The Case Against Netflix’s Live-Action Comic Book Adaptations


A writer at Bam-Smack-Pow is making a case against marketing adaptations of comic books in live action to Netflix:


If you’re a comic book creator, Netflix may not be a place where you want to put your content. The streaming platform has become known for prematurely canceling projects.


That’s because most of their recent output was largely woke, to the point where it became ratings failures, and ultimately discouraged network directors from bothering with more. Not that they actually make this sufficiently clear.


When the Marvel Comics shows were out of theaters, they would stream on Netflix. You could also catch DC Comics projects like the Dark Knight trilogy there as well.

Later, they took a chance with original comic content. Daredevil, Jessica Jones, Luke Cage, and Iron Fist started the trend. After that Jupiter’s Legacy, Grendel, and Warrior Nun followed. What do the last three shows have in common? They were all canceled.


And if it’s because their merit was poor, doesn’t that tell something? If nobody wants to watch them, you can’t be surprised if the network can’t continue to finance their broadcasting. Marvel is a globally known known brand. Those other three, not so much.


Netflix has been canceling projects left and right. Some of this could be due to low ratings and a lack of streaming. However, it’s nearly impossible to know how well a streaming show is doing. Netflix will say a show or movie is the highest streaming project of all time, but how do we know this is true?


That’s a good question.


What we do need to know is whether the shows had poor writing, and whether or not anybody cared, and, whether or not anybody’s excited for comics adaptations in live action anymore. That’s not exactly what the above makes clear. I’m sure there’s ways to obtain ratings statistics research, whether from Nielsen or elsewhere, but they’re not making the case properly with this item. Though they do admit in the following that one of the programs in question wasn’t well received:


Are all of the cancelations the fault of Netflix? Of course not. Warrior Nun could have been renewed if season 2 was released soon after the first. The pandemic put a damper on that happening. Jupiter’s Legacy wasn’t a good show. The plot was predictable and it wasn’t a compelling story. However, Inside Job, Sense8, and others didn’t get a chance. It made this writer wonder if Wednesday and The Sandman have a chance. Even if season 2 is good, can we as fans trust that there will be a third?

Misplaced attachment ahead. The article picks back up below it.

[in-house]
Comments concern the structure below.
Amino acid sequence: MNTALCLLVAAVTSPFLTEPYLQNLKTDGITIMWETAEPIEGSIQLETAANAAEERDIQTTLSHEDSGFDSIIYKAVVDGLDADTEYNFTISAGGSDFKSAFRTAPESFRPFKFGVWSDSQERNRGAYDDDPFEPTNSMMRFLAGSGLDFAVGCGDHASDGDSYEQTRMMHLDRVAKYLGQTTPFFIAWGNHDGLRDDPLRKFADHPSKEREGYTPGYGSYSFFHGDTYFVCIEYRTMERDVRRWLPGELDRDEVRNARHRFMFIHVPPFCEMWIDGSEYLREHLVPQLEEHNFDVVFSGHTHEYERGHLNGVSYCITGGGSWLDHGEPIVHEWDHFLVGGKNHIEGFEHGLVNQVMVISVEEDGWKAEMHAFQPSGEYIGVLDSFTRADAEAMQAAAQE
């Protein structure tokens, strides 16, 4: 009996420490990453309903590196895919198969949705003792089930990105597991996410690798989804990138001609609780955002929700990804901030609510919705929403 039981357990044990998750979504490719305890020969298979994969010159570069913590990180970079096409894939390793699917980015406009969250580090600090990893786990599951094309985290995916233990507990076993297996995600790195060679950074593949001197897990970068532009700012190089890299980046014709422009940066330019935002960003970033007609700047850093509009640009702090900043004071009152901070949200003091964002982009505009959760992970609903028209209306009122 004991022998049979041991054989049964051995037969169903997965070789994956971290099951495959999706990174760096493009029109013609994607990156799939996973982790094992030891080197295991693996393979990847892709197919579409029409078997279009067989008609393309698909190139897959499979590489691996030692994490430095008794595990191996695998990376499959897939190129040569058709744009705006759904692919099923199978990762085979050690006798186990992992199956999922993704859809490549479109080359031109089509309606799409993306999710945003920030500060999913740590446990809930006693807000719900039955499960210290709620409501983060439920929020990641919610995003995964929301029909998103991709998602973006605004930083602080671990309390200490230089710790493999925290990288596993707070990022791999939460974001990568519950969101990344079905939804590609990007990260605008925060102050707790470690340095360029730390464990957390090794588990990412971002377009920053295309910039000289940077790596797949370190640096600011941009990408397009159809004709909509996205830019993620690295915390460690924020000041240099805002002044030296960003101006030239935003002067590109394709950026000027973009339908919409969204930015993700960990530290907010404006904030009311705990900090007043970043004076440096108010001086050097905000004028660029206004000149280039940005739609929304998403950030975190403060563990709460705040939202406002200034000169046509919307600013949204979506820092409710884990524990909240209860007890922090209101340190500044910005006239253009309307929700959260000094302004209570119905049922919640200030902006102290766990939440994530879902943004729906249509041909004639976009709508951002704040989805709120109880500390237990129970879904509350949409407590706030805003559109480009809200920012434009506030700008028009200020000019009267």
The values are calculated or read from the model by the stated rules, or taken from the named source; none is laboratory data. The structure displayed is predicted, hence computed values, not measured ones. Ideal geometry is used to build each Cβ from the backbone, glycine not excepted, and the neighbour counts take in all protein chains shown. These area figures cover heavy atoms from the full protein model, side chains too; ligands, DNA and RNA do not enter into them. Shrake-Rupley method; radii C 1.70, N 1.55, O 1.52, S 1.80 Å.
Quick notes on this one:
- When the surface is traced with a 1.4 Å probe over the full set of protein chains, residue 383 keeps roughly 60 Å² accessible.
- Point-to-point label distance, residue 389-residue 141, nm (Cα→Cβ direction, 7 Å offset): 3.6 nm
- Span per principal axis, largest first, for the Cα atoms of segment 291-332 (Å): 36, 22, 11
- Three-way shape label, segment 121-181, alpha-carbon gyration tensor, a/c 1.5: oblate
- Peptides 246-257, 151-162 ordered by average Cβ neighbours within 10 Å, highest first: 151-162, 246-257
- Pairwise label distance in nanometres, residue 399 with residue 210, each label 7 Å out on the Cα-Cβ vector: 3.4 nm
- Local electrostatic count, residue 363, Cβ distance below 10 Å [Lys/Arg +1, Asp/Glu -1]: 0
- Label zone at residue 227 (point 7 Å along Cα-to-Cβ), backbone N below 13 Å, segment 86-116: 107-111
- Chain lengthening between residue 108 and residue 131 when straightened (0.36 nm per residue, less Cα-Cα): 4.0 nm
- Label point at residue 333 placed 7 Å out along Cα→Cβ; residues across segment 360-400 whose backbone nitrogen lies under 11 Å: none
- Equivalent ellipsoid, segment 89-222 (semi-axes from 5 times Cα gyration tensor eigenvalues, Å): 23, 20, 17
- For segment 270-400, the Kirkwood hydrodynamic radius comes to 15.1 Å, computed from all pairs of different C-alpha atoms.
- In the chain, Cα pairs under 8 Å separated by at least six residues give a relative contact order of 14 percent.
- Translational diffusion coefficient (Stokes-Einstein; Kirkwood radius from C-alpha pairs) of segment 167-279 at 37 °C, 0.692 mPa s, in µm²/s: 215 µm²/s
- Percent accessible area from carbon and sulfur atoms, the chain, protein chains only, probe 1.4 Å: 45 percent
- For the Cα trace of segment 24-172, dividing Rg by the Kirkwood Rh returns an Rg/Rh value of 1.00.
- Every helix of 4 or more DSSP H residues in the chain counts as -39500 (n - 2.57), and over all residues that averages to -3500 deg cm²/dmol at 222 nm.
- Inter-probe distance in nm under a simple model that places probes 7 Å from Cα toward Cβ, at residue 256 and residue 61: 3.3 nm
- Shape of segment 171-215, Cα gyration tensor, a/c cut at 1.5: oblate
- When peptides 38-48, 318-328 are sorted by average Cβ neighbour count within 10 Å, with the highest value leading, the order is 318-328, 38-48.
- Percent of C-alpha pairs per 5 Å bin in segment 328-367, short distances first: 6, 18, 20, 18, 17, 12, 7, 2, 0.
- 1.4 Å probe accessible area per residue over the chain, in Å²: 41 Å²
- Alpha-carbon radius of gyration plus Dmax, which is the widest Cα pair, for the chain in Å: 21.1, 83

[…] No one wants their dreams cut short. Sadly, it’s a possibility in this industry. However, if a comic book creator *does* have an option, they may avoid going to Netflix if they can. Especially if the trend of cancellations continues.


But what if other networks are just as hesitant now about comics-based projects?


And I for one couldn’t care less, seeing how laughably commercialized these live action films and TV shows have become, and some do have woke elements they’re building on. All the craze over live action adaptations has become insufferable, and has only taken away attention from the source material that nobody in the film industry’s shown any interest in promoting as ideal reading material. It’d be much more preferable if today’s comic creators would show more interest in finding how to persuade potential audience to read the original comics than watch movies and TV programs based on them.


Originally published here.

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Avi Green

Avi Green was born in Pennsylvania in 1974, and moved to Israel in 1983. He enjoyed reading comics when he was young, the first being Fantastic Four. He maintains a strong belief in the public's right to knowledge and accuracy of facts. He considers himself a conservative-style version of Clark Kent. Follow him on his blog at Four Color Media Monitor or on Twitter at @avigreen1